- Cape businessman known for starting NARS dies at 49 (2/23/17)9
- Apparent punch at girls basketball game propels lawmaker into action (2/21/17)4
- Business notebook: Owners ready to roll out the Barrel 131 (2/20/17)7
- Japanese restaurant up and running; owner surprised by fondness of sushi here (2/24/17)1
- SoutheastHEALTH, Washington University School of Medicine announce collaboration (2/24/17)21
- Missouri bill would limit transgender school bathroom access (2/22/17)48
- City issues precautionary boil order near Arena Park (2/23/17)
- Annual father-daughter dance provides some fun bonding time (2/19/17)1
- $22M bond issue would alter Jackson schools (2/22/17)13
- Former KFVS12 reporter talks about recovery from eating disorder (2/23/17)11
As primary elections go, Tuesday's was more exciting than many in recent years.
On the state level, there was a heated Democratic race involving an incumbent governor and a strong challenger -- with challenger Claire McCaskill winning over Gov. Bob Holden. And there were two constitutional amendments -- gambling and marriage -- on the ballot that brought more voters than expected.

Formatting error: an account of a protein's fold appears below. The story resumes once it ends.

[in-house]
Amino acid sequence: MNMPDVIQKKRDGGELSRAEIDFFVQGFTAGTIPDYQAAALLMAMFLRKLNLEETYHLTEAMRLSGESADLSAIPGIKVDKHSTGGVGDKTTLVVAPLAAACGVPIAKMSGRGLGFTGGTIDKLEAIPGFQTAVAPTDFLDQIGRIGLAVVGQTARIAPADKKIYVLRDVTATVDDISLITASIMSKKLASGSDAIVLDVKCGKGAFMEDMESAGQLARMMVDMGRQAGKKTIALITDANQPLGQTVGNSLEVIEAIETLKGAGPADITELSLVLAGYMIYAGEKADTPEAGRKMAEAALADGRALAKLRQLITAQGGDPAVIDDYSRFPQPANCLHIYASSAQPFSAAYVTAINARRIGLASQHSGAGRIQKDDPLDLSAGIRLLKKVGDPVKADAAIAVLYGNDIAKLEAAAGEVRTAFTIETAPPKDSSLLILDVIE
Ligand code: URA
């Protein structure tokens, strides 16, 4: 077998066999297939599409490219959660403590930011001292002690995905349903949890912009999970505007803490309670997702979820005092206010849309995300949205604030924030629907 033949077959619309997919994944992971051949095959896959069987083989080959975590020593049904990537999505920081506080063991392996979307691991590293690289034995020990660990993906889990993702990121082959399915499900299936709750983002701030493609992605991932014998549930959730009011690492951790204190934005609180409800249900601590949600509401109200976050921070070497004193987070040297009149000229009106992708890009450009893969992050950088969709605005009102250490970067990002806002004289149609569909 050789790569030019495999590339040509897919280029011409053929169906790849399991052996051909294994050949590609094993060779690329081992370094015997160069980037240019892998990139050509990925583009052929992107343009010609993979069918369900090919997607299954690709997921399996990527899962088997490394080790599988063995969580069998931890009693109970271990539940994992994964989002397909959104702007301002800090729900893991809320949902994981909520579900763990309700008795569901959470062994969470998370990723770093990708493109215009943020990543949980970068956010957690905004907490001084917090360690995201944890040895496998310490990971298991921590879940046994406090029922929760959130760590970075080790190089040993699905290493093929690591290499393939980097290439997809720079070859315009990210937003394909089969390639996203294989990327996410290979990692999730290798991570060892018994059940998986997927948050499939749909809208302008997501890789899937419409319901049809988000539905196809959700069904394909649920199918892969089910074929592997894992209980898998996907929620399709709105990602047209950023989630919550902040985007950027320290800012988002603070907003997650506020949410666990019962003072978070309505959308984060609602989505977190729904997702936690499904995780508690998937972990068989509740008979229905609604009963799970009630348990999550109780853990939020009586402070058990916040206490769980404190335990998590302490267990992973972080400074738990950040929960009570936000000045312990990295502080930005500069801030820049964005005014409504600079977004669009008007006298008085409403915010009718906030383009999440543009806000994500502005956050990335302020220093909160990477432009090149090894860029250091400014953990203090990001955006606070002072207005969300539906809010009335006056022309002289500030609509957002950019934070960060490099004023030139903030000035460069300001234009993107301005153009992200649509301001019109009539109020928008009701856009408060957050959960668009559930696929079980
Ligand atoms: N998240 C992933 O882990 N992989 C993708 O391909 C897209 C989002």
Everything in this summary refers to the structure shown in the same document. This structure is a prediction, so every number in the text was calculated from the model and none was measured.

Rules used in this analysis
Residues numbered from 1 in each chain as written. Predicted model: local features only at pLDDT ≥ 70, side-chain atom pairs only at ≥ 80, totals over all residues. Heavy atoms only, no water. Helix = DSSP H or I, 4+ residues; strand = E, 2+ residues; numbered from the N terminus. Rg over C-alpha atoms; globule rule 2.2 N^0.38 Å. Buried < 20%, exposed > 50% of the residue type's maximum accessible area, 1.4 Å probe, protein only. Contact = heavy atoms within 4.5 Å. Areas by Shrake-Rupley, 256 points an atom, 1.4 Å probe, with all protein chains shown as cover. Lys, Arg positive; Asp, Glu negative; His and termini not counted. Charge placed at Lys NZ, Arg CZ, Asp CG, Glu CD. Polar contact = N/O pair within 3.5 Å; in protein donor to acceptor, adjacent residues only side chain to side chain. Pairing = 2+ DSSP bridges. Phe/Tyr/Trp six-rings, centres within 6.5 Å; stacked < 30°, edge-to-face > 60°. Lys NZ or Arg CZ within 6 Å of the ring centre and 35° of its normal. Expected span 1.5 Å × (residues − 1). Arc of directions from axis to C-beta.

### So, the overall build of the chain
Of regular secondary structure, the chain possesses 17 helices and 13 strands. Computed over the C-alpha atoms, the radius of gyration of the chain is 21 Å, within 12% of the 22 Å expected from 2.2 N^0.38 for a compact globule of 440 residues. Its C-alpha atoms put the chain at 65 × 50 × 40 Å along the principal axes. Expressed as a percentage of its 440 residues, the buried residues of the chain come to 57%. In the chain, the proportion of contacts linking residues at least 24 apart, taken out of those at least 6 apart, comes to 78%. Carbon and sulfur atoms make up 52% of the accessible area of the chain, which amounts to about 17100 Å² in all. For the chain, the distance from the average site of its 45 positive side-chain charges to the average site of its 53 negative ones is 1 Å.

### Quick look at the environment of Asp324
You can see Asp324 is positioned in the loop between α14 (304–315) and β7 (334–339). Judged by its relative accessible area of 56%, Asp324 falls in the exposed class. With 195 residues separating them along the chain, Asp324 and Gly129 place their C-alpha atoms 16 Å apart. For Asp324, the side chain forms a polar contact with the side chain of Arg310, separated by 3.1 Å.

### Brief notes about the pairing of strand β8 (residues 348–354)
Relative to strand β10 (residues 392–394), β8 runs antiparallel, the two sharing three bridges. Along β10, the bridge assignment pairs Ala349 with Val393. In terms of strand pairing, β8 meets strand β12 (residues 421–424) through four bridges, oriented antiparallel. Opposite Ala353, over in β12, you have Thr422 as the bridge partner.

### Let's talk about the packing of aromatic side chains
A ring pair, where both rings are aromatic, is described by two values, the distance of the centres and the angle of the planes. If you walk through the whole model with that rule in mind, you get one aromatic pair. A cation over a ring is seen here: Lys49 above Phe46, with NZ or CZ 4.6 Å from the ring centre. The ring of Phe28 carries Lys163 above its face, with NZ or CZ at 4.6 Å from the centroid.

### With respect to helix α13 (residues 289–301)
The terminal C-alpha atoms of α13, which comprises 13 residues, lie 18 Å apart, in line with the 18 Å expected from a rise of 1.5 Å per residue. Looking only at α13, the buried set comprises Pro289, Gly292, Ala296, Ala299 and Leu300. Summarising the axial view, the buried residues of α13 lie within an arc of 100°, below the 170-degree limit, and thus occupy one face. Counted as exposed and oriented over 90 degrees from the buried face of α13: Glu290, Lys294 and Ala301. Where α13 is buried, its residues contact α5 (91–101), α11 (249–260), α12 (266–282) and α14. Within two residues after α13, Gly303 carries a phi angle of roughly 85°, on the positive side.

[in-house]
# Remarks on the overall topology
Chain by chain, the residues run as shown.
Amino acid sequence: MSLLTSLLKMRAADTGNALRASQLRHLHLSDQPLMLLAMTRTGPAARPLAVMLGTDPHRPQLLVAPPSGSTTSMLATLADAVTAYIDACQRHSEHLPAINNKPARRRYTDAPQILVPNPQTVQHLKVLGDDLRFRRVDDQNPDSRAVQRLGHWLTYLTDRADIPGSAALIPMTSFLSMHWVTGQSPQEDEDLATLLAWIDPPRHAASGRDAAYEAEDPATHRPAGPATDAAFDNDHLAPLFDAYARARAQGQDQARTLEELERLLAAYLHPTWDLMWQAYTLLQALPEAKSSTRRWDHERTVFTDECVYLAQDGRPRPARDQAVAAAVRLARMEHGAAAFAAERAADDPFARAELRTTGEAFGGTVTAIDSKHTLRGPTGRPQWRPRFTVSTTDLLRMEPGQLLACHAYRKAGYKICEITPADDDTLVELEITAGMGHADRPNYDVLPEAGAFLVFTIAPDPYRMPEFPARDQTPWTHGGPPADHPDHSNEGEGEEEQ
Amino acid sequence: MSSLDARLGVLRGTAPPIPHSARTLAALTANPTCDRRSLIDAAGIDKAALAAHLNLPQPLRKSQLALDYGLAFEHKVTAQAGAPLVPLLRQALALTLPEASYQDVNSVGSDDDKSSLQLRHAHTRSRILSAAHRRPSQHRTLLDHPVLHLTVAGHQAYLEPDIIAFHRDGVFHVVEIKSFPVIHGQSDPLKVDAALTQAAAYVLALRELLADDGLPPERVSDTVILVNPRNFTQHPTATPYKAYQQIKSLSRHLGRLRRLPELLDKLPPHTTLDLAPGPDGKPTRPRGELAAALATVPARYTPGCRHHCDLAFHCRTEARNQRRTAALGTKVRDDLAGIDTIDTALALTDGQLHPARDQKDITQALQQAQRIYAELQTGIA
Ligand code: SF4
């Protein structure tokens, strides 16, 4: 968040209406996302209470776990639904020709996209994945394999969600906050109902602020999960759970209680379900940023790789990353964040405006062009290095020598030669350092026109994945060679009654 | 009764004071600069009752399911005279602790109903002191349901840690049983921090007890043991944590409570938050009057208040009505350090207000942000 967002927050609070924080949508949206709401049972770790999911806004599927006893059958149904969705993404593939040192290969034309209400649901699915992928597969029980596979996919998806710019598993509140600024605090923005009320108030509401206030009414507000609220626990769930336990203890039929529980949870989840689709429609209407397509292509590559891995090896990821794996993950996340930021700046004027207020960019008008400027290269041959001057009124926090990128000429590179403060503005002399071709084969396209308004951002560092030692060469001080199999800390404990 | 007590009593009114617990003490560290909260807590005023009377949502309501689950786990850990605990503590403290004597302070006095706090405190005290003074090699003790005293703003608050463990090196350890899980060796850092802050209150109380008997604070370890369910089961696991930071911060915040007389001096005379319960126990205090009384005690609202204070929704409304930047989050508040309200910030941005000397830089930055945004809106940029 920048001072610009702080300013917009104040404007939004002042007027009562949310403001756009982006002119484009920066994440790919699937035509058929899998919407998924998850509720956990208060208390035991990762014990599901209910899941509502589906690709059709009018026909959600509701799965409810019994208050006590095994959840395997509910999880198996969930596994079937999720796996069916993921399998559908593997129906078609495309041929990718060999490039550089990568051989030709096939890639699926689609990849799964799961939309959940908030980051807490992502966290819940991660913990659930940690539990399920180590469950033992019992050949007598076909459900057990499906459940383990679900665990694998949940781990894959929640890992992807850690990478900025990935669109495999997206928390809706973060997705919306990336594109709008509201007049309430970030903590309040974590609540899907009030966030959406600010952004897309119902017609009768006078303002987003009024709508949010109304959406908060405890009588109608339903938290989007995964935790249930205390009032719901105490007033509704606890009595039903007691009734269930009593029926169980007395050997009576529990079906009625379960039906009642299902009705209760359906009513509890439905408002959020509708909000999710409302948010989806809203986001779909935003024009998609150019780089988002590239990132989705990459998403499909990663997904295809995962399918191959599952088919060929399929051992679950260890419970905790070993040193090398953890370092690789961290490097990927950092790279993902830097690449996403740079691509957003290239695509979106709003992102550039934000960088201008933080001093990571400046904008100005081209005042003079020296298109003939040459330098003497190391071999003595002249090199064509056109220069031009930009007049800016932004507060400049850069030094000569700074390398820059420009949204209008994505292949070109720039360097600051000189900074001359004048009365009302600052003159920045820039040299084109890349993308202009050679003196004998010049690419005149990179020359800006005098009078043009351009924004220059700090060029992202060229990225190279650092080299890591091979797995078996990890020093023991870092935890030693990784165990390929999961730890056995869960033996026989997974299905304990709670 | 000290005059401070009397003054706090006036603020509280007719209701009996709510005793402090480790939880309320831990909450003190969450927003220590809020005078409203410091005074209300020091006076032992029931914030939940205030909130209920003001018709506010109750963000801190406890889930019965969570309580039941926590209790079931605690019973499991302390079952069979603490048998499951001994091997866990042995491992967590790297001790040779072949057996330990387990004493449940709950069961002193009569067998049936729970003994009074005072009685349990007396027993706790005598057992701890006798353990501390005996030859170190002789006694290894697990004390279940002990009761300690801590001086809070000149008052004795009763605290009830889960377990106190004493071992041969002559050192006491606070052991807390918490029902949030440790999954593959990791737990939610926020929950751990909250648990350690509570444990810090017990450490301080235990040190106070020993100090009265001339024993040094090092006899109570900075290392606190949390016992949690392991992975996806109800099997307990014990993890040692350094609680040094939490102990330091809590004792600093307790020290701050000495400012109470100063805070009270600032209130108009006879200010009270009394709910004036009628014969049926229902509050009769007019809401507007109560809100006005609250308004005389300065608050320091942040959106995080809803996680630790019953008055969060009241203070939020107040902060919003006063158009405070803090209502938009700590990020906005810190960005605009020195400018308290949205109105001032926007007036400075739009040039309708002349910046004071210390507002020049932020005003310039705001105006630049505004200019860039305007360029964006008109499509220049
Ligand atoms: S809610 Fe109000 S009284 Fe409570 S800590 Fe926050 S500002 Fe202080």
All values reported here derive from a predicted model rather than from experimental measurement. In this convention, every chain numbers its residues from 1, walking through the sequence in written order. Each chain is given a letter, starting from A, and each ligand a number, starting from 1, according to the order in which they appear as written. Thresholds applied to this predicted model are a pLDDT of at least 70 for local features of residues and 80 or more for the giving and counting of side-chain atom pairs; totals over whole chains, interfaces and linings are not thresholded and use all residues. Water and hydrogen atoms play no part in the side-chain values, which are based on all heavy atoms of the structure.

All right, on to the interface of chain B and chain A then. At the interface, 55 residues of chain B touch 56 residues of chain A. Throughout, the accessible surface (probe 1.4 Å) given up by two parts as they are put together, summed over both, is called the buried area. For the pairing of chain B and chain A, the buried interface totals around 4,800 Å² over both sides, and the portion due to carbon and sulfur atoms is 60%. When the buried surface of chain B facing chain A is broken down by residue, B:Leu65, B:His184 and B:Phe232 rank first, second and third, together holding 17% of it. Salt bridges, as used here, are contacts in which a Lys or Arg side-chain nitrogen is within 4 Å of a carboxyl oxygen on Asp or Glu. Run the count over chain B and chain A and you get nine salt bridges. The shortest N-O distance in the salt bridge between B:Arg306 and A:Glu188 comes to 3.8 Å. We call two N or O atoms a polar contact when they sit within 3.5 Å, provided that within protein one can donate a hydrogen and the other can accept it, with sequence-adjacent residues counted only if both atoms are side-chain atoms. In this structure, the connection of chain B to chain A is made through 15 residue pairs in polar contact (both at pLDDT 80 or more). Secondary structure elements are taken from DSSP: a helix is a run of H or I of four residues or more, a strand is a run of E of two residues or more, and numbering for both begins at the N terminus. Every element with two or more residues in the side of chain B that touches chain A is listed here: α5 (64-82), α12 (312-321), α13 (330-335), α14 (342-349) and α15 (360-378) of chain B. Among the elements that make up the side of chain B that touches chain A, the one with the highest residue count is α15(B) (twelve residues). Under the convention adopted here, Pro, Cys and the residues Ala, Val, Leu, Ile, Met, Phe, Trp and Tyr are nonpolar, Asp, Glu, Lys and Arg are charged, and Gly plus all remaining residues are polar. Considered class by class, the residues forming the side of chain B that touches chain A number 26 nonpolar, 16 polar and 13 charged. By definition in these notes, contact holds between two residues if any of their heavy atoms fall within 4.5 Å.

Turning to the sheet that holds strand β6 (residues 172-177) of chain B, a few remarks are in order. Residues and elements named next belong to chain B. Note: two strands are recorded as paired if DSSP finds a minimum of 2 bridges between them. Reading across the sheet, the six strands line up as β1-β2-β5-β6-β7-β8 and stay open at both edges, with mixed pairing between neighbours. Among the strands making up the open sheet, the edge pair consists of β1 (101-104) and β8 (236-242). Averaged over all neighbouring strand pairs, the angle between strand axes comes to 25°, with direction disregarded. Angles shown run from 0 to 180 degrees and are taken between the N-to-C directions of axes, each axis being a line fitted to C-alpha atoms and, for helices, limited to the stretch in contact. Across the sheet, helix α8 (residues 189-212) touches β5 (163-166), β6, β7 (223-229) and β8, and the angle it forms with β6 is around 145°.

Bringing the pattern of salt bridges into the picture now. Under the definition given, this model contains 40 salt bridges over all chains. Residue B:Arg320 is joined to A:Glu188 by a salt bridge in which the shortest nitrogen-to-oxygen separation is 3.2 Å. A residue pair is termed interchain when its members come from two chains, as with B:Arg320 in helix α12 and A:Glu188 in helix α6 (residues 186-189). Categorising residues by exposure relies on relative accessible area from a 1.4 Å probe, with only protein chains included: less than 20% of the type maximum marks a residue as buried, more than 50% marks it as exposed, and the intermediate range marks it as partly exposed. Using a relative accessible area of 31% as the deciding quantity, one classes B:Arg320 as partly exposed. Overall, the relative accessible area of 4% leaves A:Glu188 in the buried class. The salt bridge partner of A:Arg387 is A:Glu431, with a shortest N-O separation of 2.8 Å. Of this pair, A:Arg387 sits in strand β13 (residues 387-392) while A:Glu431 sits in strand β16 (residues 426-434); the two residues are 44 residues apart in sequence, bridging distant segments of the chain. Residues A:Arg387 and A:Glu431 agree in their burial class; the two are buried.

Closer to home, races in Cape Girardeau County drew a large number of candidates, particularly in the races for the two county commission seats up for election this year.
What was striking about the local primary races, in sharp contrast to many of the statewide and national campaigns, was how polite and informative they were, with none of the negative swipes that have become the trademark of our political process. Instead, local candidates touted the experience and values they could offer as public servants.
And there were many candidates, even among those who will not be on November's general election ballot, who offered backgrounds and skills that offered a sense of confidence no matter who the victor turns out to be.
It is a major and important commitment to become a candidate for any office. Everyone of the candidates in Tuesday's primary served in extraordinary ways by allowing their names to be placed on the ballot and then taking their credentials and aspirations to the voters.
All of the candidates deserve our hearty thanks and special appreciation for the time they spent and effort they made to be a part of this vital process in our system of government.
Thank you all.